Jack Pearadin and Doug Nelsen found a 1.73-carat diamond after nearly a year of searching the park's field.
Little Rock is often defined by its divisions. Discriminatory housing policies, urban sprawl and poor planning caused the city to develop in such a way that kept its residents separated by race and class, and these disparities are reflected in Little Rock's schools and churches.
The racial segregation of churches extends far beyond Little Rock. In April 1960, Dr. Martin Luther King Jr. said 11 o'clock on Sunday morning was the most segregated hour in America, and things haven't improved much since. According to the National Congregations Study, 86 percent of religious Americans attend churches in which one race makes up more than 80 percent of the congregation. While working as a youth pastor in the mid-1990s at Little Rock's Fellowship Bible Church, Mark DeYmaz began to notice segregation within his own congregation.
"We had this otherwise really great church, but the only minorities in significant number all worked as janitors," DeYmaz said. "That began to bother me."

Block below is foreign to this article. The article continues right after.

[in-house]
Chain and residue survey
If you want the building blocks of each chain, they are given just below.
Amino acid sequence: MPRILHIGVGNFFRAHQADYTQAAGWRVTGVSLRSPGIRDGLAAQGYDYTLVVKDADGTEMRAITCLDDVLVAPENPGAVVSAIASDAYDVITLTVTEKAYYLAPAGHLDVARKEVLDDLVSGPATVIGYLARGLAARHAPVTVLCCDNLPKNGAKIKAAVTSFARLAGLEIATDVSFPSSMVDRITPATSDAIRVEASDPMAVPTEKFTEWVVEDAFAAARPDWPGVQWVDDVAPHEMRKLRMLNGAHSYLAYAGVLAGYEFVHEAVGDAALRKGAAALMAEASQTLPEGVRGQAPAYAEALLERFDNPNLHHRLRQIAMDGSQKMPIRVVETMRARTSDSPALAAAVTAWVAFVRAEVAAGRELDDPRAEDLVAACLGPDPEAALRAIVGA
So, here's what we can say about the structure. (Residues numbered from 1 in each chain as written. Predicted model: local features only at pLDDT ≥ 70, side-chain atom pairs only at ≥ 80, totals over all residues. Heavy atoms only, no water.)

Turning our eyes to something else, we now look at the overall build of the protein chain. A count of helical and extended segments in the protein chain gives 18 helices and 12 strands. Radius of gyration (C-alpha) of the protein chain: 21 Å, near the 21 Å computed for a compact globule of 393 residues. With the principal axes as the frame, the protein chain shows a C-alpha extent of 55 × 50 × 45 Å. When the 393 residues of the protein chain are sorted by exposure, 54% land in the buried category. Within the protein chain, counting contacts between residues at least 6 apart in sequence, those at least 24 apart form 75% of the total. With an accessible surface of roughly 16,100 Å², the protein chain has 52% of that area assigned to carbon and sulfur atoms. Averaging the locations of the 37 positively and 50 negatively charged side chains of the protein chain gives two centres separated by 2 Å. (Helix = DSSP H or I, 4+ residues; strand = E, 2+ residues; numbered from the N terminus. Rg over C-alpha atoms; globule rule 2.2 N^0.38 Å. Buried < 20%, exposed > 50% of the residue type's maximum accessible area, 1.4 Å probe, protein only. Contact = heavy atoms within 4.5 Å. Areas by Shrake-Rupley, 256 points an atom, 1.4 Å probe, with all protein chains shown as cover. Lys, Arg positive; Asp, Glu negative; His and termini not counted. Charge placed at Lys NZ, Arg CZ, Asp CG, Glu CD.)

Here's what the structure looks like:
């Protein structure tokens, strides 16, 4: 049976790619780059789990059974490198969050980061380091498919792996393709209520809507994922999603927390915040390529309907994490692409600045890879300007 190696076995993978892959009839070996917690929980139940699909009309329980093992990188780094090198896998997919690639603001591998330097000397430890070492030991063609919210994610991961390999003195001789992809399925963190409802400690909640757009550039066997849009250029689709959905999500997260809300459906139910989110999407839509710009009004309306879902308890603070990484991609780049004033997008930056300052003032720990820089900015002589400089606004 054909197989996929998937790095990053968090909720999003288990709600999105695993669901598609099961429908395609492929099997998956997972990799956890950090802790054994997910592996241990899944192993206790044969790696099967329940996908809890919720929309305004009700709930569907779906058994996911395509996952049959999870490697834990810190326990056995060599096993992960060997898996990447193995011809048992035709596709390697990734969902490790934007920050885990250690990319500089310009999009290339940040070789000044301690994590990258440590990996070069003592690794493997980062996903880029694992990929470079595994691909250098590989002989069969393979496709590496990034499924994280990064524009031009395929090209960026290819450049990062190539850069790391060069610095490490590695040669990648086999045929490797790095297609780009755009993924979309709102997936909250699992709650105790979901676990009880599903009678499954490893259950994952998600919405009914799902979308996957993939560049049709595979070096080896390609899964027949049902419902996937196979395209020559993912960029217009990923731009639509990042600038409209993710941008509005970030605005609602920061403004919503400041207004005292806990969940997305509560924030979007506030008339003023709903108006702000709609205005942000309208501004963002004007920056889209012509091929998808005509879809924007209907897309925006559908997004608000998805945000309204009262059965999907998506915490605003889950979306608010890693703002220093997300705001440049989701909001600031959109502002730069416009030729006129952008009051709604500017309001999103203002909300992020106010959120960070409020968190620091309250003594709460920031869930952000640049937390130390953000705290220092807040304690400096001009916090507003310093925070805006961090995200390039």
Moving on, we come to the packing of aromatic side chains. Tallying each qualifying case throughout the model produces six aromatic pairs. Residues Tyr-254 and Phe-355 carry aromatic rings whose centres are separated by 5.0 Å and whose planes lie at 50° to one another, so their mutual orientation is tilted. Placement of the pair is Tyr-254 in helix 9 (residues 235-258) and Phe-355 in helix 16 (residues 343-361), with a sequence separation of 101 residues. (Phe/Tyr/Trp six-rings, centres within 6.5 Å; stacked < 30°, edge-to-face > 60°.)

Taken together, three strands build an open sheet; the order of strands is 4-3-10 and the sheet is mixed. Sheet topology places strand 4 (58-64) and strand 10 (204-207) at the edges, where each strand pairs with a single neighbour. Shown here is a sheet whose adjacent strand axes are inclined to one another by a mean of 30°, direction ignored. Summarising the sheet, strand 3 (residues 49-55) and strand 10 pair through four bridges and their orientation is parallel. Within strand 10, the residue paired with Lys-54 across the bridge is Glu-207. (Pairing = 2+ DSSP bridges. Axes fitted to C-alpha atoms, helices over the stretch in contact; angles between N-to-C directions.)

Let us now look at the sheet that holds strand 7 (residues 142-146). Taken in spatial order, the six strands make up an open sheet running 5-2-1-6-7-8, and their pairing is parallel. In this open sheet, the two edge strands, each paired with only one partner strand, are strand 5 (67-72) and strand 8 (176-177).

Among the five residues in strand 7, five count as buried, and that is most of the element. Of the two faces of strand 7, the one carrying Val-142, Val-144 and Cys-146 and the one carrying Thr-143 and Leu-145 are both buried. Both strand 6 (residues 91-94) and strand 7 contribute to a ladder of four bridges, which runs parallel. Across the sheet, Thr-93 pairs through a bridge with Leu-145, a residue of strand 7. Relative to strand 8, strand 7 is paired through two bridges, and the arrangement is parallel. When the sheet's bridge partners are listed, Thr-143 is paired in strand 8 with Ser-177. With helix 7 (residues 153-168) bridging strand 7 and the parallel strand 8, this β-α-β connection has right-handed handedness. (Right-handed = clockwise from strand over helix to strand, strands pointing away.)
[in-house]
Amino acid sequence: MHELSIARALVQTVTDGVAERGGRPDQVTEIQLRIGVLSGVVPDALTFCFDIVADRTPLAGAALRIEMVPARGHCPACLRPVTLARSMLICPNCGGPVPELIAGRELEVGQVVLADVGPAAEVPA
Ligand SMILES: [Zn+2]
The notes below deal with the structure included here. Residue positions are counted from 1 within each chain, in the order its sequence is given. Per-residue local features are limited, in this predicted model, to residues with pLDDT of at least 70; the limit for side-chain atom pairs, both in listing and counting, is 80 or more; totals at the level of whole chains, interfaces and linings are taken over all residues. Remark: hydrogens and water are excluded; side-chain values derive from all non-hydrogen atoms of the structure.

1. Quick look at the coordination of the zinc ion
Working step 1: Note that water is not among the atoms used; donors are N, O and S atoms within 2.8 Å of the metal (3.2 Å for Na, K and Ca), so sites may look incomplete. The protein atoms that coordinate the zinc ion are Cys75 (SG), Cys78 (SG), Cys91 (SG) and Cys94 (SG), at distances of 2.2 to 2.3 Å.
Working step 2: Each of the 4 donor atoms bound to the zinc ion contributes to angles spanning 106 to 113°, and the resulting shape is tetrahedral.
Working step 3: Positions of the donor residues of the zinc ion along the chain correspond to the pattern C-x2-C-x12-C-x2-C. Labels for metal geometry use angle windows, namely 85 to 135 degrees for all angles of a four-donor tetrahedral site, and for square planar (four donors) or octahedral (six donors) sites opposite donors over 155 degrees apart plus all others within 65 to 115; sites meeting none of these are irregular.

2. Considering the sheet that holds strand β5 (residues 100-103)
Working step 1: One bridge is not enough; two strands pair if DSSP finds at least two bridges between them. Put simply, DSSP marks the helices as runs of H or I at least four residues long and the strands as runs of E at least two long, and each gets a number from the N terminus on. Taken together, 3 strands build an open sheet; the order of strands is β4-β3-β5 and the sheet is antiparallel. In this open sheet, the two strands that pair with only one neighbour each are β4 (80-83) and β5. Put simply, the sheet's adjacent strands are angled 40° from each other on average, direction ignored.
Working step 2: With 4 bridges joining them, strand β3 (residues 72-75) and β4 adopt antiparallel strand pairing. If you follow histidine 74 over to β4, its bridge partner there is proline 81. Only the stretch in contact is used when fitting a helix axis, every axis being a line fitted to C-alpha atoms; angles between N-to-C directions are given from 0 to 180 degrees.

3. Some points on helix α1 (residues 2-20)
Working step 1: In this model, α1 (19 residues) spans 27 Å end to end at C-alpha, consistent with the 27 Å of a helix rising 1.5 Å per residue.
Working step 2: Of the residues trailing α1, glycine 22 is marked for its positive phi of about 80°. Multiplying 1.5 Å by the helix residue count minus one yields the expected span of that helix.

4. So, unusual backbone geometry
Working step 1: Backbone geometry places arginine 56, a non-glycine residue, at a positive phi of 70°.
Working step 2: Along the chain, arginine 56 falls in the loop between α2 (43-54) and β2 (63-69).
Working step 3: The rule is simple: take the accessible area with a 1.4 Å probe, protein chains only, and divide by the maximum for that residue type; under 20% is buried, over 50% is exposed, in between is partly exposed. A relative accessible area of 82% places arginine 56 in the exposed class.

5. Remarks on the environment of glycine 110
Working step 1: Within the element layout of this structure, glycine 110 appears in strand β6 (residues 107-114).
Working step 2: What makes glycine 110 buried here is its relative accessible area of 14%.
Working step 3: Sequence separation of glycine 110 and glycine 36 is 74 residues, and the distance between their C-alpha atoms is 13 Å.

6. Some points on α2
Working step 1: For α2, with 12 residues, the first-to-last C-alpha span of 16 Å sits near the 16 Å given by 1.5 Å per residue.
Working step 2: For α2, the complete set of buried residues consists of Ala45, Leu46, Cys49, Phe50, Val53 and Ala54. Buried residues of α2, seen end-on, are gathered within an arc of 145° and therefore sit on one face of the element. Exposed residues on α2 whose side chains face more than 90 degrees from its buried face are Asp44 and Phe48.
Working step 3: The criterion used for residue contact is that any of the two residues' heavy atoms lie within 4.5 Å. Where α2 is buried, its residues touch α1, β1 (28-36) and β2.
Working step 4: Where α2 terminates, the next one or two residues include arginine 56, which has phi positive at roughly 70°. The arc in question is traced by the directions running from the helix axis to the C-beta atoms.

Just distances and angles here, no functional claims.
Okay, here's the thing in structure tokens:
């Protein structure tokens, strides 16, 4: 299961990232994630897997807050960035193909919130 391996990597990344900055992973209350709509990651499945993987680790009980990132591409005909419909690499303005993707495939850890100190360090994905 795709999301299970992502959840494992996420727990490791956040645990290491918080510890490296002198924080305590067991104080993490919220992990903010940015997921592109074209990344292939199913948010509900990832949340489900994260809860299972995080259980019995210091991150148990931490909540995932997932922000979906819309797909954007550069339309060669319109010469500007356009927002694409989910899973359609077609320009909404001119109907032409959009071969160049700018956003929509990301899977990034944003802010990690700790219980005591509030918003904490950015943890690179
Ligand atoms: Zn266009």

In September 1997, DeYmaz helped organize the Racial Reconciliation Rally, which commemorated the 40th anniversary of the Little Rock Nine. DeYmaz says the rally allowed him to talk with black churches and communities about the systemic segregation of Little Rock's churches. Those talks helped fuel his desire to create a multiethnic church.
"How realistically do you think you're going to change the community if your church doesn't reflect it?" he asked.
In the summer of 2001, he decided to create the Mosaic Church of Central Arkansas. In June 2003, the church subleased the former home of an empty Walmart at 6420 Colonel Glenn Road. Knowing Mosaic needed a permanent place to call its own, church leaders decided in 2006 to purchase an abandoned Kmart near the intersection of University and Asher avenues, seeing potential in the rundown building. They completed the purchase of the $1.7 million space in 2012, and held their first service in the new location in January of this year.
Mosaic is located in the 72204 ZIP code, which is south of Interstate 630 and encompasses some of the city's poorest neighborhoods. DeYmaz, the directional leader of Mosaic, chose 72204 because he wanted to create a "point of destination" within the community.